11. William Golding, like Patrick White, Iris Murdoch, and Laurence Durrell, was one of the giant talents to burst out after the War like Impressionist painters in Paris in the late 19th Century.

    Like White, Murdoch, and Durrell, I think of him as a magician. Henry Green comes into that category too. Life is bloody. Writers like Golding show us why.

    Golding deserved the Nobel for The Inheritors alone. What other English writer would have attempted to describe the inner life of violent Homo Sapiens and their murderous hatred for the gentler hominid species, whom our ancestors may have destroyed in genocidal tribal wars?

    In Pincher Martin he created a believably bad and ordinary man, and showed us what he looked like at the moment of his death. Darkness Visible is the most metaphysical of his novels, and carries so many echoes, not least those of Milton's Satan and Milton's embattled God. *Who ARE we?* the religiously agnostic Golding is always asking.

    John Braine, reviewing Darkness Visible for The Sunday Telegraph, said Golding did not merely write novels, but that he was visited by his daemon, who came when he came. What could be more Miltonic?

    Golding wrote Lord of the Flies after reading Ballantyne's Choral Island, with its Victorian fantasy of how English boys should behave.

    With his naval experience in the war, and his years in Salisbury as a schoolmaster who understood boys, Golding tore back the Victorian fantasy and revealed the terrible truth. True, the book owes something to High Wind in Jamaica, a story of good pirates and bad children, but Golding does something completely new, and his ear for prose is faultless.

    Golding doesn't *specialise* in human degradation, Tasker. He is writing out of the most corpse-strewn century in human history - read the new single volume edition of Solzhenitsyn's The Gulag Archipelago (Vintage), which turns something as terrible as Stalin's Soviet Union into a work of art.

    Rites of Passage, like his other novels, comes alive when spoken aloud or enjoyed as an audio book (so does Moby Dick). It reveals the savagery of the English public school system. Lord Salisbury said nothing could ever be as bad again as life at Eton. Junior boys (fags) dreaded the weekends when they were locked inside their houses with the older boys, who could do anything they liked in the way of sexual abuse and torture.

    Just now I am reading his essay on the South Downs (The Hot Gates) and the least known of his novels, Free Fall, about a painter with half a resemblance to Golding and half to Francis Bacon. Yes, Liz Gray, Golding is oblique and unpleasant. So was Shakespeare in Macbeth.

    John Haggerty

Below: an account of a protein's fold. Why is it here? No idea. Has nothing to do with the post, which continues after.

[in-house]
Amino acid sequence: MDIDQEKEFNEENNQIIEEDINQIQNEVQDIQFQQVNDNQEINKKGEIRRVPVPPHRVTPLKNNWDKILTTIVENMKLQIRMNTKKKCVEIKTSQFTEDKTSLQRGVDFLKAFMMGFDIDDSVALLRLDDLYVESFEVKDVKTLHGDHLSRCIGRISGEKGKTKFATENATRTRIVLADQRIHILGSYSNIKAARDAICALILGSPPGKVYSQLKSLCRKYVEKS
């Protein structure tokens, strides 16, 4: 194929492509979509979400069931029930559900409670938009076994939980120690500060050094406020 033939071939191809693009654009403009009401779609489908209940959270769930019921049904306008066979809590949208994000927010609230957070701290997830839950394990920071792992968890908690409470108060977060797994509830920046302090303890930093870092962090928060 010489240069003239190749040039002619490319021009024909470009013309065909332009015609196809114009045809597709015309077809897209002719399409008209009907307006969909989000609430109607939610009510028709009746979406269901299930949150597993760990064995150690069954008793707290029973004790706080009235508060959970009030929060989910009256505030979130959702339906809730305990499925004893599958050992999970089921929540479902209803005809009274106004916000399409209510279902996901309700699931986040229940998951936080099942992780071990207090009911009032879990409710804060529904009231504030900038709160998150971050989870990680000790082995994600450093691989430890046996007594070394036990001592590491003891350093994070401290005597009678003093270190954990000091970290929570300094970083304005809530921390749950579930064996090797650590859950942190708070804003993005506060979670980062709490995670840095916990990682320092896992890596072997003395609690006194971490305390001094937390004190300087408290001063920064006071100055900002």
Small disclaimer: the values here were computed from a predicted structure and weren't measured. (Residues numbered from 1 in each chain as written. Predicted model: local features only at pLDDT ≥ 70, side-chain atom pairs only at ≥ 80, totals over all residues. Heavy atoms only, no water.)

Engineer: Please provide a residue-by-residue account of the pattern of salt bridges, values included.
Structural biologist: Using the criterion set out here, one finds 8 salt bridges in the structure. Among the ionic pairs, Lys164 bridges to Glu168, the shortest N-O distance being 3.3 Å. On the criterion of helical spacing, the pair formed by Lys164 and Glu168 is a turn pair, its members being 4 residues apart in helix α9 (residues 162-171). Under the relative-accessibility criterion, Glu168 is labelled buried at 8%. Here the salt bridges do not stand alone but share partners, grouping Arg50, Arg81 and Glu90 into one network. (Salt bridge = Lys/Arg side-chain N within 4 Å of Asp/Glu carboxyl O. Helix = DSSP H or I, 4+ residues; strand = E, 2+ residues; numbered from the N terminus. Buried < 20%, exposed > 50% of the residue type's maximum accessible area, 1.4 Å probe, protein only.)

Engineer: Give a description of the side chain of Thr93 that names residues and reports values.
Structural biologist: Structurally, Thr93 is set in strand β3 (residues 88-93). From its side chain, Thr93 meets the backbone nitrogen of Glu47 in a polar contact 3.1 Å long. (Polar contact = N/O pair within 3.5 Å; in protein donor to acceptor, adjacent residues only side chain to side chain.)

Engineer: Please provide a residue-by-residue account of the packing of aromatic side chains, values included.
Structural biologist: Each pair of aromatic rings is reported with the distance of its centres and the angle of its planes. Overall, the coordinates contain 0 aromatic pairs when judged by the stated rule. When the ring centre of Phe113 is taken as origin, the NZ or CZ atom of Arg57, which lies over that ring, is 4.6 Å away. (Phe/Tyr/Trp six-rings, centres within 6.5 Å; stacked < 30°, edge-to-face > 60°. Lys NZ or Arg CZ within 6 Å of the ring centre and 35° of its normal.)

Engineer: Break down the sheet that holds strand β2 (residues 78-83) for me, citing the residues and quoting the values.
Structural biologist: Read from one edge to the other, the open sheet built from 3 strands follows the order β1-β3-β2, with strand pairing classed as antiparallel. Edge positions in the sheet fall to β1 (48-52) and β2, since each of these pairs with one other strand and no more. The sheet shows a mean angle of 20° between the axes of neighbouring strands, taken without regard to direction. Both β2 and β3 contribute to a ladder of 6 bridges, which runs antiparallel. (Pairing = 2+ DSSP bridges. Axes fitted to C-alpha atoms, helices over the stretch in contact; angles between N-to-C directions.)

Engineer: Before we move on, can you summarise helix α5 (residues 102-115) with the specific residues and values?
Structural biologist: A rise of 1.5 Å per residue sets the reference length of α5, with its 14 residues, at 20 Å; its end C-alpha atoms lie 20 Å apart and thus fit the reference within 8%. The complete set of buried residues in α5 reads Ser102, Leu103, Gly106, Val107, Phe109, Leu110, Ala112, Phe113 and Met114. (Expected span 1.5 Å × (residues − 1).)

ReplyDelete
  12. There are many critical studies of Golding; I can recommend Patrick Reilly's *Lord of the Flies: Father and Sons* and Don Crompton's *A View From the Spire* as well as Golding's two volumes of collected essays and his travel book, *Egyptian Journey*.

    It has been said of him that he was an Egyptian at heart. Craig Raine has written an introduction to a new edition of Golding's *The Scorpion God* which (says Raine) allows us to understand *the enzymes of a vanished time*. It would have been interesting to hear Golding on Freud's theory that Moses was an Egyptian and was murdered by his adopted people the Jews - see *Moses and Monotheism* first published in 1939 when Freud was dying.

    I made a typo in which I referred to Ballantyne's *Coral Island* as *Choral*; a happy error because Golding's work is like a choir of many voices. His medieval novel set in the heart of England describes the construction of a 404 feet spire in what sounds like Salisbury Cathedral. *The Spire* takes us inside the head of the cathedral's dean who may be following the will of God or his own will. He reflects all the authoritarian religious figures of history from the popes to John Calvin and Ian Paisley.

    Golding's native attachments shine through in this novel as they do in his essay on the oldest roads in the world, the green neolithic roads of the Sussex Downs.

    I wish he had done a book with the great landscape photographer Fay Godwin - you can see a BBC film about her on YouTube.

    J Haggerty

    ReplyDelete
    Replies
    1. John,

      Thank you for taking time to comment with such a thorough explanation of Golding's importance, which has helped my understanding. You have a vast knowledge of literature and I'm sure we can all benefit from it, and your first comment was perhaps a justifiable hijacking of my blog this time.

      However, I do feel that commenting at such great length (much longer than the blog post) breaches blogging etiquette and the place for this is in a blog of your own. I suspect others may think the same.

      Returning to Golding, what I'm saying is that I don't want to read books I find unpleasant, even when they are ones I ought to have read (and there will be more), and even though ignoring the kind of real-life behaviour they describe probably facilitates its occurrence.

      Delete
  13. Breaching blog etiquette did not occur to me, Tasker. My apologies. We should never feel obliged to read a book we find unpleasant; there is enough of that in life. Rereading The Gulag Archipelago, after so many years, shook my faith in just about everything, except kindness, and writers who tell the truth in language rich and lucid. As Robert Graves wrote:

    There's a cool web of language winds us in,
    Retreat from too much joy or too much fear:
    We grow sea-green at last and coldly die
    In brininess and volubility.

    John

    ReplyDelete
    Replies
    1. Thank you. The Gulag Archipelago is a book I do want to read because, again, it's one that made an impact when first published. Whether I'll enjoy it or not ... ?

      Delete
  14. As you didn't like "Lord of the Flies", I wonder why you went for another novel by Golding? Perhaps you were ill-disposed to "Rites of Passage" before joining Edmund Talbot on his voyage of self-discovery. I thought it was a challenging novel with disturbing undertones. It is a few years since I read it but it resonated in my head weeks after I had read the last page.

    ReplyDelete
    Replies
    1. It was with books that came from my late mother-in-law and because of his reputation I thought I ought to read it and expected to like it. Lord of the Flies was a long time ago before I stopped reading almost entirely in my teens.

      Delete

I welcome comments and usually respond the same day (unless it looks like you are trying to advertise something).